A.B.C. FREEDOM trial results comparing ITT analyses. CABG, coronary arterial bypass graft surgery; ITT, intention-to-treat analysis; PCI, percutaneous coronary intervention. From “Critical appraisal of cardiology guidelines on revascularization: clinical practice” (David R Dobies and Kimberly R Barber).

4.3 Meta-analysis of MVD and DM

In this meta-analysis of the individual database of patients, where they analyzed 11 trials of patients with MVD followed in the long term, who were randomized to PCI or CABG, in the subgroup of patients with DM, it was observed that mortality was significantly higher in patients with PCI 15.7% than with CABG, which was 10.7% (p = 0.0001), while no differences were found among non-DM patients, 8.4% for CABG and 8.7% in the PCI group (p = 0.81) [43].

4.4 Our experience

In the ERACI III registry [76] which included 3 cohorts of 225 patients in each group with multiple MVD and PCI with DES, PCI with BMS, and patients with CABG, we analyzed the results of the subgroup of diabetic patients in each group at 3 years of follow-up. The incidence of MACCE at 3 years was significantly higher in diabetics than nondiabetics (RR, 0.81 [0.66–0.99]; p = 0.018). Higher rates of death and nonfatal AMI and a trend toward increased TVR, among others, were the principal determinants of increased MACCE. When stratified by treatment modality, MACCE rates among diabetics at 3 years were 36.2% in the DES arm, 43.6% in the BMS arm, and 30.8% in the CABG group (p = 0.49). There was a nonsignificant trend toward more death and nonfatal MI among diabetics in the ERACI III-DES cohort (19.1%) than in the BMS (12.8%) or CABG (15.4%) arms of ERACI II. Just as in the FREEDOM trial, the only stents used were the first-generation stents. Another limitation is that it was not a randomized trial, but they were two well-followed cohorts.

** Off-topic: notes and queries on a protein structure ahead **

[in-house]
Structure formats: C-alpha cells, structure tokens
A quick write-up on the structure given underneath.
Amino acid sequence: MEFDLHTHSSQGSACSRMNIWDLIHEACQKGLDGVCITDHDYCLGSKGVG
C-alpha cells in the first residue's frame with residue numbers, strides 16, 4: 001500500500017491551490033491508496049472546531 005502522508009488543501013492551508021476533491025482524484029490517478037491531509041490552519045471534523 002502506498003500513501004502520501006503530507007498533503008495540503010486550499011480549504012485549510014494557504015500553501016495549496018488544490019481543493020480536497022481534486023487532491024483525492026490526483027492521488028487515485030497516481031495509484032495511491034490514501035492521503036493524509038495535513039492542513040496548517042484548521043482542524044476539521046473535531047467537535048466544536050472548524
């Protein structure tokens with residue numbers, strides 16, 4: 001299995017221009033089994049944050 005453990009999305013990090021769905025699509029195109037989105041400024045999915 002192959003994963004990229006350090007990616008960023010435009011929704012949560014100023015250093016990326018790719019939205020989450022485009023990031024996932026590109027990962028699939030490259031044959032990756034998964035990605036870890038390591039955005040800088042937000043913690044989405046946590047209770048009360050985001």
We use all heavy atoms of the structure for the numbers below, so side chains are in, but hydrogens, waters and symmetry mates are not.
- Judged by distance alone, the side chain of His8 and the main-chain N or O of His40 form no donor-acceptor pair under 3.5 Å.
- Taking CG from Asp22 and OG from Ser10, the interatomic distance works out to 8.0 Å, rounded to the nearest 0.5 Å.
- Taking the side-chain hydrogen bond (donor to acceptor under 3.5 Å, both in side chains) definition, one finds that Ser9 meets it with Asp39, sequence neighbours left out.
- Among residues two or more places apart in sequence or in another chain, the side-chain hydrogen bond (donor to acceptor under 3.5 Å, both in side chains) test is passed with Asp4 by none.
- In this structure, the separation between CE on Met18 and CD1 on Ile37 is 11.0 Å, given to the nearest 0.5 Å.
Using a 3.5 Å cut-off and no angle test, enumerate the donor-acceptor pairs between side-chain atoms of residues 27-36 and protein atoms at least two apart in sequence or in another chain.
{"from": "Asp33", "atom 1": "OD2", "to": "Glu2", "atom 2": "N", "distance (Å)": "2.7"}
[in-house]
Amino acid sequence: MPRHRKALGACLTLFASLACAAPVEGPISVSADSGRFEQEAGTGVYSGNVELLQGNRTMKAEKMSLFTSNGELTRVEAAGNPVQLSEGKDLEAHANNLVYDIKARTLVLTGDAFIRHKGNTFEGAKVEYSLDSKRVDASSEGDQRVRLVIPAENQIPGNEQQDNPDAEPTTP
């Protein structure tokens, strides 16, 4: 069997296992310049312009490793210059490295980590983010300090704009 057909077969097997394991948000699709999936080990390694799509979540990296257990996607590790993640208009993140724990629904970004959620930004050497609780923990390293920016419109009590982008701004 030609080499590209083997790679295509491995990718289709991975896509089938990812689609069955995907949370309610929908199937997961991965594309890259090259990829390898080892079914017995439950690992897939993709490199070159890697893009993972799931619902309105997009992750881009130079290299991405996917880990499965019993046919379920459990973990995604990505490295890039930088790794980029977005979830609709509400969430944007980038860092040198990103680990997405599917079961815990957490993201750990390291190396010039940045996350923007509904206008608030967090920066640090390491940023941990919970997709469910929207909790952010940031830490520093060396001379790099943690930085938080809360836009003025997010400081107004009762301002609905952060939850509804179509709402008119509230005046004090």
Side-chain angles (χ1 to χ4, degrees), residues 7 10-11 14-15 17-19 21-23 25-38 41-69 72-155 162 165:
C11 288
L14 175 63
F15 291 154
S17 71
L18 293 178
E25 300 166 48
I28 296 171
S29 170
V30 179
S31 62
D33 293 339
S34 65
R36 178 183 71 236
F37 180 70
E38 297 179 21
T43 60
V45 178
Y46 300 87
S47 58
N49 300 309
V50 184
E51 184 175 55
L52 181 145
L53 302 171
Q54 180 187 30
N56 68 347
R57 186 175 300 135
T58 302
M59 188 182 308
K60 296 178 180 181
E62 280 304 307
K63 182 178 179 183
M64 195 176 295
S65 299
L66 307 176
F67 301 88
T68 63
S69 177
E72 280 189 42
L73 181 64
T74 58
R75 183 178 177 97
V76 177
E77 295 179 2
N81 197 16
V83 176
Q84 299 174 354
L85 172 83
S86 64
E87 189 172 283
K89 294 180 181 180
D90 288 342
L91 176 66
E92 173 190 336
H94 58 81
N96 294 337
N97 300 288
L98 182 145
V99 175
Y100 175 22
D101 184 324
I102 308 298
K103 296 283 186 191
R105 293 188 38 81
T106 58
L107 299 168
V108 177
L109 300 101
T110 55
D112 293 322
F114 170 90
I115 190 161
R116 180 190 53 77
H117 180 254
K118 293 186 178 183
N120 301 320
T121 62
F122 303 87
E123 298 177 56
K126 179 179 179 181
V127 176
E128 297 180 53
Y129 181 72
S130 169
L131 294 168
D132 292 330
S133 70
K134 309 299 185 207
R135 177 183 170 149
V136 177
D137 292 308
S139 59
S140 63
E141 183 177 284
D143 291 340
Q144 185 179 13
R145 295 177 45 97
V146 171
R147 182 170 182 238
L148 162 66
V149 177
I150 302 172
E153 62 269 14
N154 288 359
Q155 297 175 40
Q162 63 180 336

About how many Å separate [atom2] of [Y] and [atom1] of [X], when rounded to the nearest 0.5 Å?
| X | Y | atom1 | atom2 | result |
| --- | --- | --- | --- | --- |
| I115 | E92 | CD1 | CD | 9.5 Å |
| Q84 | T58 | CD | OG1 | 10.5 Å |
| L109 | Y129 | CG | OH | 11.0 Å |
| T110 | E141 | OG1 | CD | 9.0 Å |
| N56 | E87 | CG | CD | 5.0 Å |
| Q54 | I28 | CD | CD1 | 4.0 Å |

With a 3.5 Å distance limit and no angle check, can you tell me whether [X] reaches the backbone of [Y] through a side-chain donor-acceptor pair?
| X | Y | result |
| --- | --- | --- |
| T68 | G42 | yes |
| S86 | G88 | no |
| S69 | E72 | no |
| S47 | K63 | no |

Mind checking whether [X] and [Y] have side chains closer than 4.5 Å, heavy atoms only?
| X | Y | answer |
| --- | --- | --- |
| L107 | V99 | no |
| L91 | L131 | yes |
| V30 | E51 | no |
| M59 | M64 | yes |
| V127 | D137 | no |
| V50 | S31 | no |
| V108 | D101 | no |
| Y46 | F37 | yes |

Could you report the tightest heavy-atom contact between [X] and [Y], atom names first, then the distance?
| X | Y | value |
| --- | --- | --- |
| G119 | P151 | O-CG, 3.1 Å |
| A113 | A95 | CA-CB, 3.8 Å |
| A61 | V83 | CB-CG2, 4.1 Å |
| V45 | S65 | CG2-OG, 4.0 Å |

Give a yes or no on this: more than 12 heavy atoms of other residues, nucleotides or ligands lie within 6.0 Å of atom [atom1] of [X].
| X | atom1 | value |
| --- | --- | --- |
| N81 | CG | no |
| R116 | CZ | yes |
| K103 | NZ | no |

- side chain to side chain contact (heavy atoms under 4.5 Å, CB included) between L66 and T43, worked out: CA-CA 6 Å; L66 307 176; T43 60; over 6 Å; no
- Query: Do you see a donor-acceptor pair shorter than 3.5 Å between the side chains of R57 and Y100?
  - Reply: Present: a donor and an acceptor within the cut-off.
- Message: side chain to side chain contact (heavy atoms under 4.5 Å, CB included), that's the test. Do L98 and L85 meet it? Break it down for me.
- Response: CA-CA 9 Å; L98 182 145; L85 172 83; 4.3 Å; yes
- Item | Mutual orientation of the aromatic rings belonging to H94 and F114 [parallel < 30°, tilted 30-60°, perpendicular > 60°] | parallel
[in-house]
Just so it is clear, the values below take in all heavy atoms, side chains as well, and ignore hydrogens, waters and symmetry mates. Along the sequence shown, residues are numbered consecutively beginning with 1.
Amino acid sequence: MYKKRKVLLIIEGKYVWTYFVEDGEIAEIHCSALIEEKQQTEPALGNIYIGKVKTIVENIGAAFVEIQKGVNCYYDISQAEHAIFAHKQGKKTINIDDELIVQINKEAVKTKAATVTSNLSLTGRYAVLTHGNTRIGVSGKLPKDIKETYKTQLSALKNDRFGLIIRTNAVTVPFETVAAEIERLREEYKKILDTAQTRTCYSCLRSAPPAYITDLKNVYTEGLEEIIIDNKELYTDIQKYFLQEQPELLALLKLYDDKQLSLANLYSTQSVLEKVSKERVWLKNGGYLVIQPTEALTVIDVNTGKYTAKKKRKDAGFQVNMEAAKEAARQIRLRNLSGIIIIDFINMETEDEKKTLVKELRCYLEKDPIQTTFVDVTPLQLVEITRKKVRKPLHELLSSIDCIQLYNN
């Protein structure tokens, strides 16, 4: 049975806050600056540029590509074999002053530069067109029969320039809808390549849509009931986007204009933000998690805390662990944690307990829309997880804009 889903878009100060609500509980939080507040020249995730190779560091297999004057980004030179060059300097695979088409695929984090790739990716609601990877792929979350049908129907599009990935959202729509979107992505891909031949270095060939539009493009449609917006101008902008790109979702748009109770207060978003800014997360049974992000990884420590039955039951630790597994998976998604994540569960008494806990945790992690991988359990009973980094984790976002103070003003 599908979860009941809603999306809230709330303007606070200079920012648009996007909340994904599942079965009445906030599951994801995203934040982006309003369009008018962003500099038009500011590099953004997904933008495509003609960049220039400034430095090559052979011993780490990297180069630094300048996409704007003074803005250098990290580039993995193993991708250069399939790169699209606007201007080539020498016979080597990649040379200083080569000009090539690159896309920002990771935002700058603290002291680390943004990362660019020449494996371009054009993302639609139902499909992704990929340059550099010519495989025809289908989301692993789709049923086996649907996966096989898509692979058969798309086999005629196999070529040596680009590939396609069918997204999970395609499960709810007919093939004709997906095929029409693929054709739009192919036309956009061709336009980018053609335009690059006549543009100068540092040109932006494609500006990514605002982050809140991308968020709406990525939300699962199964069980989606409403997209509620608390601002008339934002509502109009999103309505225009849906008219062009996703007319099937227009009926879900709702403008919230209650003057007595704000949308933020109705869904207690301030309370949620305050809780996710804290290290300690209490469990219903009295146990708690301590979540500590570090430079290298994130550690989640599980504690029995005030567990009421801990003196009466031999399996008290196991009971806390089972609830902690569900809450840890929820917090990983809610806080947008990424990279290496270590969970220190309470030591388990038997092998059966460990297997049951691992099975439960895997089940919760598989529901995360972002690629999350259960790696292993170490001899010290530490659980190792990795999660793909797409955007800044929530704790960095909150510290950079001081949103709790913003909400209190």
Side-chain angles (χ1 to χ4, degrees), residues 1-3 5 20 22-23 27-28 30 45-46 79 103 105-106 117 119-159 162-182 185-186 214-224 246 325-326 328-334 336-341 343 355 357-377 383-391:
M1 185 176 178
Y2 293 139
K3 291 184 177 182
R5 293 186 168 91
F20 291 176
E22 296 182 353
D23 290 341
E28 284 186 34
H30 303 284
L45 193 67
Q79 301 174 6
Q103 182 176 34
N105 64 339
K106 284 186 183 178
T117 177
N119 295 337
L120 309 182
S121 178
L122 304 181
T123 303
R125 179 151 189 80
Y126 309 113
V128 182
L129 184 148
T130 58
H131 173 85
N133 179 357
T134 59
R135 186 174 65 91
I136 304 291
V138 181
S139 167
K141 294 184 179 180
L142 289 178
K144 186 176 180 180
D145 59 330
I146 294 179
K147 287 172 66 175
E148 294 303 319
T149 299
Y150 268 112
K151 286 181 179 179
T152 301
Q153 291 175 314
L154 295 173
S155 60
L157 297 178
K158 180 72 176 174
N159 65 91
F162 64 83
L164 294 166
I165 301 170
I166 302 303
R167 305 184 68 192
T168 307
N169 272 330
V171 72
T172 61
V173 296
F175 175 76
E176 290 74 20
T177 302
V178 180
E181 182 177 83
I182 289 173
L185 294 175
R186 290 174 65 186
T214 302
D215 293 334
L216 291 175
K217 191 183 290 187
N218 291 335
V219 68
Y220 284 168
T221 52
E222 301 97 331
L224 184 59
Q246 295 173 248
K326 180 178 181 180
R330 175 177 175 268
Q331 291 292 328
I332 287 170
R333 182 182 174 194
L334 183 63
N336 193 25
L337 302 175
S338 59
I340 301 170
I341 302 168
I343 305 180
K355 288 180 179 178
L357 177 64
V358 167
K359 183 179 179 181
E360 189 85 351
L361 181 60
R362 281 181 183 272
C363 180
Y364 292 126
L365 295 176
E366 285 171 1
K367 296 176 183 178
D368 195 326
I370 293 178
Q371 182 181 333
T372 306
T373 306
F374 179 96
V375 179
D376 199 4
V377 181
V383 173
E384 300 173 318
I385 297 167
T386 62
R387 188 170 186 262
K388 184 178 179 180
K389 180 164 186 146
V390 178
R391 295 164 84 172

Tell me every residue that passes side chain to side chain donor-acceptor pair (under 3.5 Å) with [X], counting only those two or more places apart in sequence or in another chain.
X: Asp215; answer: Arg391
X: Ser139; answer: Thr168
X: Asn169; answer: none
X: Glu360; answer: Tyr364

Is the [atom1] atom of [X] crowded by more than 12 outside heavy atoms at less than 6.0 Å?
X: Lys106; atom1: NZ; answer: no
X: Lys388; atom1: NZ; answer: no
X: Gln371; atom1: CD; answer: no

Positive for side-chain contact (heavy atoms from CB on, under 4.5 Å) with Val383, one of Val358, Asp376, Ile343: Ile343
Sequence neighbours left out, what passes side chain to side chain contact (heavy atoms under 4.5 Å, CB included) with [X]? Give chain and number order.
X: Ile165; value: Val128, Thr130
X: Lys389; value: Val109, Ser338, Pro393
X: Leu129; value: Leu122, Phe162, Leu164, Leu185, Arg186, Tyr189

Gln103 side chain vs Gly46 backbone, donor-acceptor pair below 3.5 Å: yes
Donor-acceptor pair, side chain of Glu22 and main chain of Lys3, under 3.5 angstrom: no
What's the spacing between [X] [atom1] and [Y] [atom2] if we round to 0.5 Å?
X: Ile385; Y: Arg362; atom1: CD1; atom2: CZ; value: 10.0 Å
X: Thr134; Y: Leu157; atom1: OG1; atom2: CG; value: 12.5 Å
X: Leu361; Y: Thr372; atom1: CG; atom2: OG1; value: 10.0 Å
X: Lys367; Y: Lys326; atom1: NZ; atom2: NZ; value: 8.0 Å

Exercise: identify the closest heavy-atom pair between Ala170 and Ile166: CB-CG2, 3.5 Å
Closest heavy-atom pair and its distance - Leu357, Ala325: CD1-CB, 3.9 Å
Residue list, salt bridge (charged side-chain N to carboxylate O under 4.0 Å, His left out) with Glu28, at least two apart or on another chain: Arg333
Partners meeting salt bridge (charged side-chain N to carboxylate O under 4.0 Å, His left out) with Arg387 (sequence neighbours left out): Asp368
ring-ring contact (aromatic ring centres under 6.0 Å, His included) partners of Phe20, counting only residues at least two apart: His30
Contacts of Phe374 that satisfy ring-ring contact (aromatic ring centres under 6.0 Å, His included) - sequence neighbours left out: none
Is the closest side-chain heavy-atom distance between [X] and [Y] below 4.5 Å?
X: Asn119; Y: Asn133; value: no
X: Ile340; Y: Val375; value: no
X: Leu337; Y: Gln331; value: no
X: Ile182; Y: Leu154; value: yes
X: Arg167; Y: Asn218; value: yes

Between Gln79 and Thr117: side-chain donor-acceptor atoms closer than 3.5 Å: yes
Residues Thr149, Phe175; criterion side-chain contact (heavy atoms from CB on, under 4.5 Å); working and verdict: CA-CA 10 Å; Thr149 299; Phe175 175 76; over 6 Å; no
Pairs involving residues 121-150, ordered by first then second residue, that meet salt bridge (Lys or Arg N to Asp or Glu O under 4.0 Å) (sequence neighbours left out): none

4.5 Can newer generation DES bridge the gap?

A total of 69 randomized trials that enrolled 24,015 diabetic patients with a total of 71,595 patient-years of follow-up satisfied our inclusion criteria. When compared with CABG (RR = 1.0), PCI with paclitaxel-eluting stent (RR = 1.57 [1.15–2.19]) or sirolimus-eluting stent (RR = 1.43 [1.06–1.97]) was associated with an increase in mortality. However, PCI with EES (RR = 1.11 [0.67–1.84]) was not associated with a statistically significant increase in mortality. In PCI with EES (RR = 1.31 [0.74–2.29]), the excess repeat revascularization was not statistically significant although the point estimate favored CABG. CABG was associated with numerically higher stroke. In patients with DM, evidence from indirect comparison shows similar mortality between CABG and PCI using EES. CABG was associated with numerically excess stroke and PCI with EES with numerically increased repeat revascularization [67].

4.6 Guidelines

Overall current evidence continues to favor CABG as the revascularization modality of choice for patients with diabetes and multivessel disease. When patients present with a comorbidity that increases surgical risk, the choice of revascularization method is best decided by multidisciplinary individualized risk assessment [20].

4.7 Conclusions

In this group of patients at high risk of diffuse coronary disease, there is evidence that patients with high scores are no doubt that surgery is the first option, although the only definitive evidence is FREEDOM despite its criticisms. Since the other studies could not be completed or did not show long-term follow-up, in patients with low scores, we believe that second-generation stents and perhaps new ultra-thin DES stents could shorten the gap between surgery events and angioplasty.


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Written By

Juan Mieres and Alfredo E. Rodríguez

Submitted: 06 August 2019 Reviewed: 29 August 2019 Published: 10 February 2020